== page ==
A Garden/Land Altar Using the Three Elements
Setting up a sacred space in your garden and acknowledging the presence of the elements is an important step to bring an intentional sense of the sacred to your space. To do this, you can use a flat stone or stump. For the three Druid elements, you might simply place a stone for calas, a bowl of water for gwyar, and some representation of nwyfre. Nwyfre might be represented by a symbol like a spiral or an Awen or else some herbs or incense (sage, mugwort, lavender, or any blend of herbs that have a strong connection with planes beyond the physical).
An alternative is to create a living altar, where you can use three plants to represent the elements: a plant with medicinal roots for calas (burdock, comfrey, dandelion, or a mushroom log), a water plant (calamus, horsetail, boneset, mountain mint, cattail, arrowroot) for gwyar, and a plant associated with the spirit realm (sweetgrass, sage) or strongly with the sky (a climbing vine like nasturtium) for nwyfre.
Two Prayers and Blessings for Garden Spaces
A Three-Element Daily Prayer
Here is a simple three-element daily prayer. I like to use something like this when I first enter the garden or at morning’s first light:
Calas, the form and the shape
Gwyar, the flow and the change
Nwyfre, the spark of life
Sacred elements spiraling
Bless this [garden’s/land’s/place’s] growing.
As you say the prayer, pause after each line. If you have a simple three-element altar in your garden, you can touch the elemental representation on the altar as you pause. If you are also engaging in nature meditation, you might use your senses (inner and outer) to observe how calas, gwyar, and nwyfre manifest in your sacred garden (or surrounding landscape).
A Simple Prayer for Growing Things
This prayer, or another like it, can be used to encourage many things to grow, anything from sprouts on your counter or seeds you have started to a new garden. I use this prayer after planting my first sets of seeds in the fertile earth, transplanting seedlings, or putting in new trees or shrubs.
Say, “May the essence of the earth support you in strength.”
Pour a small bit of earth or finished compost over the growing plant, seed, or tree. If you are planting seeds, plant them at this time. As you are sprinkling the earth or planting the seeds, chant “calas” three times and envision the seed’s deep roots and the fertile earth supporting it.
Say, “May the flows of the land transmute you in harmony.”
Pour a small amount of water near the roots of the growing plant or seed. As you are pouring, chant “gwyar” three times and envision the water flowing to the seed and the seed’s growth and change.
Say, “May the spirit of life bless you in wisdom.”
Smudge the plant with a bit of herbal incense (I like sage, mugwort, rosemary, or lavender for this purpose). As you are smudging, chant “nwyfre” three times and imagine a spark of life shining outward from the center of the seed to facilitate its growth.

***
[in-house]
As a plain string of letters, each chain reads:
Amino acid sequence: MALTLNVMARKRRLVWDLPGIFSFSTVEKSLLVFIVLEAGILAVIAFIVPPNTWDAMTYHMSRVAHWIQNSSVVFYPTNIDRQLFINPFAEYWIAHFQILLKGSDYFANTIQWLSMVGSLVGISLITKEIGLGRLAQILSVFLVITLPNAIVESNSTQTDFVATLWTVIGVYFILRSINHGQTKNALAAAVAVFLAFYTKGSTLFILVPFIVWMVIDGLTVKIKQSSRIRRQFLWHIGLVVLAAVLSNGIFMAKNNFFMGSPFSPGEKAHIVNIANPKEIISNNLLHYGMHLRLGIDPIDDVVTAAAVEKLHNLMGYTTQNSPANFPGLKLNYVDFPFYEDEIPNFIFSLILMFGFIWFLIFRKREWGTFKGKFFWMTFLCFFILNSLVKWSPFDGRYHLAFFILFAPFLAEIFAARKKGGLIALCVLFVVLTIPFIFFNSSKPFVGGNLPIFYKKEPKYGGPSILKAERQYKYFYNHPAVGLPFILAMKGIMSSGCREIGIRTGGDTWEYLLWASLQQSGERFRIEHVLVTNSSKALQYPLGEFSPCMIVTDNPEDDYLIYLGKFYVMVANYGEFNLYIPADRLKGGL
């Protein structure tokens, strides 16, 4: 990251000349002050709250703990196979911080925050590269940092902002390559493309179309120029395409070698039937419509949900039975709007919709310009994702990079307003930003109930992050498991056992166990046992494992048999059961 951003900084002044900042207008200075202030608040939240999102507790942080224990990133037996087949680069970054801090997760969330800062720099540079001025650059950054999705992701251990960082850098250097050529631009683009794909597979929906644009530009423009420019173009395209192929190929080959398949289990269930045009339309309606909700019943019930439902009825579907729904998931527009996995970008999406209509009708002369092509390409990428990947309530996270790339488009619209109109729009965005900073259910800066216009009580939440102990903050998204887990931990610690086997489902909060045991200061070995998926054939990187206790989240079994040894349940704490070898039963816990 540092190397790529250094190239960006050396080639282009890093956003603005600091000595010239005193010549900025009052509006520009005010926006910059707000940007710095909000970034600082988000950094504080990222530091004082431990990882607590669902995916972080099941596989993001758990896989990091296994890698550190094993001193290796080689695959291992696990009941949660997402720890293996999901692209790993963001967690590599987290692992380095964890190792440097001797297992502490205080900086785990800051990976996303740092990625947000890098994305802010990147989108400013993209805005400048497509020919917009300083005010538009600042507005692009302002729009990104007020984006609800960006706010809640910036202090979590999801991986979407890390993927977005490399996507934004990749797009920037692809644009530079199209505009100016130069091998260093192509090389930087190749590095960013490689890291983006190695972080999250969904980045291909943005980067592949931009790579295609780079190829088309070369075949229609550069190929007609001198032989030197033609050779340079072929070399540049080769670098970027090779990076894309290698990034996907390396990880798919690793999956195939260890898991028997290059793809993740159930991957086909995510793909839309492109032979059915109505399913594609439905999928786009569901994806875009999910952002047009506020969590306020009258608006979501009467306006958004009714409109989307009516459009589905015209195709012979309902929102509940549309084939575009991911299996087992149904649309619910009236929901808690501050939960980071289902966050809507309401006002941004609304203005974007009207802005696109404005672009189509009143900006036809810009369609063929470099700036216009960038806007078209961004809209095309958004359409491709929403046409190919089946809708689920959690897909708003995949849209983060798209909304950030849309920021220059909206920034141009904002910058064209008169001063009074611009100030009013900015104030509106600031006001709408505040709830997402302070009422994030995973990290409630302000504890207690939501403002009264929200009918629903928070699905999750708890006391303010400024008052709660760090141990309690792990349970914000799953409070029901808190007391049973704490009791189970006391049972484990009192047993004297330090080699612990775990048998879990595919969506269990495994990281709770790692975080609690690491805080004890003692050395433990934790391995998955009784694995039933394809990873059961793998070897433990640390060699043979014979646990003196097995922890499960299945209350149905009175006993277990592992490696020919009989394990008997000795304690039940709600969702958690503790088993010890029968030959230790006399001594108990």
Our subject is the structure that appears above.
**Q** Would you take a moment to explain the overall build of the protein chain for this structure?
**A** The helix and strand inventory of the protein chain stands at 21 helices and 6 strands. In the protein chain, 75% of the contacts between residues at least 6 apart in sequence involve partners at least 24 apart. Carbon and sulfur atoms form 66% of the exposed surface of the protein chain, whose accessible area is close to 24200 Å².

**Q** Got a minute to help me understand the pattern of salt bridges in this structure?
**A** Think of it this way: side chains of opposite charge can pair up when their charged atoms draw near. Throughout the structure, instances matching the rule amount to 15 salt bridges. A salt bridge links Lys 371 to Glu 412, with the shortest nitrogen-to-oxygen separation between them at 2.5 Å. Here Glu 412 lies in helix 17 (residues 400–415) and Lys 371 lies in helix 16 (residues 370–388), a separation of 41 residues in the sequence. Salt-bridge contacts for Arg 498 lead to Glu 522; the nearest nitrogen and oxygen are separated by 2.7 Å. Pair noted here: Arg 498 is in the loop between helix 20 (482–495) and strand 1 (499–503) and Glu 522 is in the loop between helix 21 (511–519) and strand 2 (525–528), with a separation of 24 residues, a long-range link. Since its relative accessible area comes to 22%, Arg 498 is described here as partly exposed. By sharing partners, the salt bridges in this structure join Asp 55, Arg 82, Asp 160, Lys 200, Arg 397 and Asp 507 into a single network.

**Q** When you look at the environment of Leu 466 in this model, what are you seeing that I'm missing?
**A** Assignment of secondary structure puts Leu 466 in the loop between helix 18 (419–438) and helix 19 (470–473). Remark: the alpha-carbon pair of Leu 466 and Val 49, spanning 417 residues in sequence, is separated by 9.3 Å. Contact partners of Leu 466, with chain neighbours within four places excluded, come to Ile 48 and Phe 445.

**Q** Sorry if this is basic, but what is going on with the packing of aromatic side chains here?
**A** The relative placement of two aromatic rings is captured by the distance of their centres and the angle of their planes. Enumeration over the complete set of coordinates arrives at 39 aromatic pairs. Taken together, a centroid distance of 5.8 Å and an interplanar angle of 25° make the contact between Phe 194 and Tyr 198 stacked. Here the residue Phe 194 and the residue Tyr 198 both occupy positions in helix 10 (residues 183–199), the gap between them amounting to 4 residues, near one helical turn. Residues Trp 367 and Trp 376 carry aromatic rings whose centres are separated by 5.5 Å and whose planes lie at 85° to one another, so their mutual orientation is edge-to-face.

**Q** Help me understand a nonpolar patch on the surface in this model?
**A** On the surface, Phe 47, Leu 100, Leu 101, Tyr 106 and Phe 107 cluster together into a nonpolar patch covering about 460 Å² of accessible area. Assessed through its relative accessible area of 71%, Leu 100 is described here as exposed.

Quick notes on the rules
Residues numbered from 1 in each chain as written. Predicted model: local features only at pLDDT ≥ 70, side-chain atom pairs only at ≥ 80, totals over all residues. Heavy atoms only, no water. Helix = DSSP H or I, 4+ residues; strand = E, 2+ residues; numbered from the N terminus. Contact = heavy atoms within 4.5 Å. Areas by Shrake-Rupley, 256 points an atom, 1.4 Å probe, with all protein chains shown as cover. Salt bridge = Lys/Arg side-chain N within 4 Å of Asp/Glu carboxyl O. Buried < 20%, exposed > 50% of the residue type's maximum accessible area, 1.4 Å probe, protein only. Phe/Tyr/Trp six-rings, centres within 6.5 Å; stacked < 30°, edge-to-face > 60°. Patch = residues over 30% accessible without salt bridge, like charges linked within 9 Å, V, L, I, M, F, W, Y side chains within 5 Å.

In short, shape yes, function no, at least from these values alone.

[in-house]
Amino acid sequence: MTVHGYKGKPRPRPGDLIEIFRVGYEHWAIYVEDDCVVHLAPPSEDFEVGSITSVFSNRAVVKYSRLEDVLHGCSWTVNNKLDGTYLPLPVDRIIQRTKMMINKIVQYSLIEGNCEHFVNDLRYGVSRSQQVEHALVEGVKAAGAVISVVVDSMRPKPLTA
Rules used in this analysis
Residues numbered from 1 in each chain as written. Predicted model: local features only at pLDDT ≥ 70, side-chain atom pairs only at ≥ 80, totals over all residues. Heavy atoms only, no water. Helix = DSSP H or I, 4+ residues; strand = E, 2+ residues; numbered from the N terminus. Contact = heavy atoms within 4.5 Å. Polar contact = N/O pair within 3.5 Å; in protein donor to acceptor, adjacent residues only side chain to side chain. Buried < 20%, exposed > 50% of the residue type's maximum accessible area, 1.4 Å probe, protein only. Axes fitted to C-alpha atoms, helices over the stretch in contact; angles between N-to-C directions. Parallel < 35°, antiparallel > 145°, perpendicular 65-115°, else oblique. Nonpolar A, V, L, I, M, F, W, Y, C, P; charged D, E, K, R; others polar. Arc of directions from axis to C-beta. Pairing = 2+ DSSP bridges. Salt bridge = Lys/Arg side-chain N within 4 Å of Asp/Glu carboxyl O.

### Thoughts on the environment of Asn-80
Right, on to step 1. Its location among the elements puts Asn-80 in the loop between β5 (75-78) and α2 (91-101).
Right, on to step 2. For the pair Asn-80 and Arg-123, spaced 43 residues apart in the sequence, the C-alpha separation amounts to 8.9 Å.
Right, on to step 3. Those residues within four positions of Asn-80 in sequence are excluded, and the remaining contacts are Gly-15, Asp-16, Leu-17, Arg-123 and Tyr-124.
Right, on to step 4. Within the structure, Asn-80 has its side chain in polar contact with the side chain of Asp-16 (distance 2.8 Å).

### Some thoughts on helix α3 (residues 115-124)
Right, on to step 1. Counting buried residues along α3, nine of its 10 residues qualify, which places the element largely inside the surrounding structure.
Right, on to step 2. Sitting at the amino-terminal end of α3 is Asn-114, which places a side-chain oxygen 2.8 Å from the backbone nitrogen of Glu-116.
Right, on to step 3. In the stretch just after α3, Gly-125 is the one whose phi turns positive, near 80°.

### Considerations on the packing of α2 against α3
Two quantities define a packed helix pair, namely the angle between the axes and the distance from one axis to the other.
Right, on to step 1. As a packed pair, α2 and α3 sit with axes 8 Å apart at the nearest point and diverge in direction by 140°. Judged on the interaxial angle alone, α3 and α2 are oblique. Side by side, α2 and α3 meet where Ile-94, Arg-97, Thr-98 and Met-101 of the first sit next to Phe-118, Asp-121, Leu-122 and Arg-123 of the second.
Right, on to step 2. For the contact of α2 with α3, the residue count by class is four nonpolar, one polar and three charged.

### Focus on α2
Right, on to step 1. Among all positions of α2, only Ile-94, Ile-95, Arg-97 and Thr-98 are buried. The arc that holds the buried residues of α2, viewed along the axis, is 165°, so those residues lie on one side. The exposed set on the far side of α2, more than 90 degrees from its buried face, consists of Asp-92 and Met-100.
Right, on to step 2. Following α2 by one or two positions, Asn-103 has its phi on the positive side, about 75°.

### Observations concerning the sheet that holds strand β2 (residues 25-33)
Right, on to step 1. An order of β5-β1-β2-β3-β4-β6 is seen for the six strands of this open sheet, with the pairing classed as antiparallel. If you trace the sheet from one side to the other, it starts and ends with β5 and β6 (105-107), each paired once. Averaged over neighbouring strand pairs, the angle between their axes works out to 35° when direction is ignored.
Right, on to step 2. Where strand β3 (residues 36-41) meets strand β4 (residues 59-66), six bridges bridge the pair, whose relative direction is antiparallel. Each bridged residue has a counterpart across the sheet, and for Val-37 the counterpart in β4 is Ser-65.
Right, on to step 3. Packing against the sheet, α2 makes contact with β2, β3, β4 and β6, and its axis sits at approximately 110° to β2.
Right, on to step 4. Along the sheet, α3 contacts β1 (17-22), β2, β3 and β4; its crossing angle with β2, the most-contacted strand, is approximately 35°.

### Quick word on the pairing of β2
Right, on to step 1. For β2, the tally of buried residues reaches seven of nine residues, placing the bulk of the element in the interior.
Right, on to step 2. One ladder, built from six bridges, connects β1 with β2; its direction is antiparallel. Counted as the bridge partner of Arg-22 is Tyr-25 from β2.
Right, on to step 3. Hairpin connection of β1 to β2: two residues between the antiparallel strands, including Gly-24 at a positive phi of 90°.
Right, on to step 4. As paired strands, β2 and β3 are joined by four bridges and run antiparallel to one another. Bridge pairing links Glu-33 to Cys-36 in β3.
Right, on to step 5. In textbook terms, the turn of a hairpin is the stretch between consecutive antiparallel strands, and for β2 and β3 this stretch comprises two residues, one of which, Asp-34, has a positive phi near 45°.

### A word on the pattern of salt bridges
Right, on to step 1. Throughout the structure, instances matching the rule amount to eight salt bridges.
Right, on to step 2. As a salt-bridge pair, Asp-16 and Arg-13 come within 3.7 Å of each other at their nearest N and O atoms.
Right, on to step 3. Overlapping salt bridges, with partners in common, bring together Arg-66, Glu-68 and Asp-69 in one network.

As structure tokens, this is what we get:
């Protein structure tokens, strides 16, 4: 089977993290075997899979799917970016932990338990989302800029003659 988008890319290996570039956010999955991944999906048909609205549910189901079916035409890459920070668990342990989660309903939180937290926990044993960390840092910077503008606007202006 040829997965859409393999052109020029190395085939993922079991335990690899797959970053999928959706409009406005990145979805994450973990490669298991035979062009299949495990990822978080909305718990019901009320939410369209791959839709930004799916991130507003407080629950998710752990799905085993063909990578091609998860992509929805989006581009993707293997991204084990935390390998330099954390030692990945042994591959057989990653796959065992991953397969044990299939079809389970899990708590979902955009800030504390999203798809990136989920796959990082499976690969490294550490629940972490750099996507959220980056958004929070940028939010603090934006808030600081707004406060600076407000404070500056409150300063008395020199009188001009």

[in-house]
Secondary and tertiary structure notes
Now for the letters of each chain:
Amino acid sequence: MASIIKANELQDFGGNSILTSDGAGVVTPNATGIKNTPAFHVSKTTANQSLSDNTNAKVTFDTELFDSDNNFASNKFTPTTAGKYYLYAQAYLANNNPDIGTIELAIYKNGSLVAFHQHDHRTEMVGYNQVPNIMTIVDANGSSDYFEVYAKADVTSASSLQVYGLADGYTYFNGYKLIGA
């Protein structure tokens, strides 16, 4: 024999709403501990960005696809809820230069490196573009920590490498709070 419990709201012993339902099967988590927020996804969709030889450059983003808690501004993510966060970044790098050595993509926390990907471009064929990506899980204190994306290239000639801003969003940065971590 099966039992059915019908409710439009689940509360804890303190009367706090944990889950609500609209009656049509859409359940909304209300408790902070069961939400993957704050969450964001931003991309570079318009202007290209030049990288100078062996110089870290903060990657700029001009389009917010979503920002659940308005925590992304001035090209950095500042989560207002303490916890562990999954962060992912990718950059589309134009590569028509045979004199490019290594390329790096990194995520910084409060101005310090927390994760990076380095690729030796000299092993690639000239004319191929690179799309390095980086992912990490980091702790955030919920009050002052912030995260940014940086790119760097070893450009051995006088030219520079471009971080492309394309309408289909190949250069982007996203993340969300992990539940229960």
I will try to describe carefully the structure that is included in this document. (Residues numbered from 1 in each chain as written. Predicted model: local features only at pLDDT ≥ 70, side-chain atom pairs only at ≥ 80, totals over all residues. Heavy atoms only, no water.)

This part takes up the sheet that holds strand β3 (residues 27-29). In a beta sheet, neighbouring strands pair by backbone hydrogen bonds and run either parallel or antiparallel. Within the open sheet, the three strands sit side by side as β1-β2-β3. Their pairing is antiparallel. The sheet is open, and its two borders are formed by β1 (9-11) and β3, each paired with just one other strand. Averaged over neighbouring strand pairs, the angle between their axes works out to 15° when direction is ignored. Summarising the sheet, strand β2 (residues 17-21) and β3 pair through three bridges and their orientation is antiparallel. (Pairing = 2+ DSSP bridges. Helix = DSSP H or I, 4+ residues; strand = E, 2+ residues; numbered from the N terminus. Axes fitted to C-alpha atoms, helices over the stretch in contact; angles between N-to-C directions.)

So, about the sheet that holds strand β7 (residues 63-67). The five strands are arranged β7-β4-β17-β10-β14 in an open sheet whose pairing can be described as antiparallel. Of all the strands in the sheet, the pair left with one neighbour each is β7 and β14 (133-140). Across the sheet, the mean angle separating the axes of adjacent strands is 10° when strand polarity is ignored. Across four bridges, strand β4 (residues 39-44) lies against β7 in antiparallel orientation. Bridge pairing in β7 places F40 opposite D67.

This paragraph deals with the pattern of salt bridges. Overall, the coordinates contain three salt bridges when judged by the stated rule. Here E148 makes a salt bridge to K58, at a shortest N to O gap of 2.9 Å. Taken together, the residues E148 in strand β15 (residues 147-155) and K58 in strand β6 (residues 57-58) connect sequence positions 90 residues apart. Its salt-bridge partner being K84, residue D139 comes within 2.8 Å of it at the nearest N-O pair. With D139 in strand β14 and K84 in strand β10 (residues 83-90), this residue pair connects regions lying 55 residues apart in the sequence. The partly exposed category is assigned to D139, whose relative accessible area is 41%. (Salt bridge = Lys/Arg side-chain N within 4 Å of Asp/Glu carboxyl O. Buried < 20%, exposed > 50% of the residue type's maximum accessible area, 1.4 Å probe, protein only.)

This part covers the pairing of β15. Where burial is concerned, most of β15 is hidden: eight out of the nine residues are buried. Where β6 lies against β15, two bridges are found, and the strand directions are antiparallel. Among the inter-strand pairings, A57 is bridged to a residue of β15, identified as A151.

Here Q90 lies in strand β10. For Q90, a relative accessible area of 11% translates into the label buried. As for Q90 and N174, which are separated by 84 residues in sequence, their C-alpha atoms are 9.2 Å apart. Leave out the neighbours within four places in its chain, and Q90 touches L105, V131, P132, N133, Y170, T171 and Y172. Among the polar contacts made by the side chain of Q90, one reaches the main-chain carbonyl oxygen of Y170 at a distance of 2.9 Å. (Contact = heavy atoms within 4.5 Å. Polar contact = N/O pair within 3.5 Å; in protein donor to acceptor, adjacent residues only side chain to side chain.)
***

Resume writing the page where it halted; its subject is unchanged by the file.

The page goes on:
Say, “May the triune essence of calas, gwyar, and nwyfre infuse you with blessing and abundance.” And chant “Awen” (ah-oh-en) three times to close out the ceremony.
A Three-Element Harvest Blessing
Offering thanks for the harvest can also be done with a simple three-element blessing. This one is not verbal but rather based on movement and meditation and done in silence.
Begin by placing your hand upon the soil at the roots of the plant. Sense the solidity of the soil and the power of the roots and the soil web of life. Offer your silent thanks.
Next, hold the plant, fruit, or vegetable that you plan on harvesting in your hands. Sense within it the swirling life force, nwyfre, and send your thanks into the plant that you are harvesting from.
Harvest the plant. Next, raise your hands with the plant, fruit, or vegetable into the sky, feeling the flowing of the air and energy of the sun present.
Conclude by placing the plant in your harvest basket.
As you can see, the three elements of the Druid tradition provide a wonderful opportunity to work on a sacred level, creating sacred gardening practices. These kinds of practices truly contribute to a magical Druid’s garden where we might commune with nature, rebuild ecosystems, and craft our spiritual life. The above suggestions are only some potentials out of many. May the blessings and inspiration of the three Druid elements flow through your life!
About the Author:
Dana O’Driscoll spent most of her childhood in the wooded hills of the Laurel Highlands region of Pennsylvania, making mud pies, building brush cabins, and eating berries. Thankfully, little has changed, and she can still be found searching out tasty mushrooms, gathering herbs, and playing her pan flute for the trees. Dana is often covered with paint, dirt, or both. She is a certified permaculture designer and is working toward a more resilient, self-sufficient lifestyle through beekeeping, perennial agriculture, animal husbandry, food preservation, herbalism, and natural building. Dana joined AODA in 2005 and, after completing her first and second degrees, earned the degree of Druid Adept in 2013. Her writings on Druidry and sustainability can be found at The Druid’s Garden.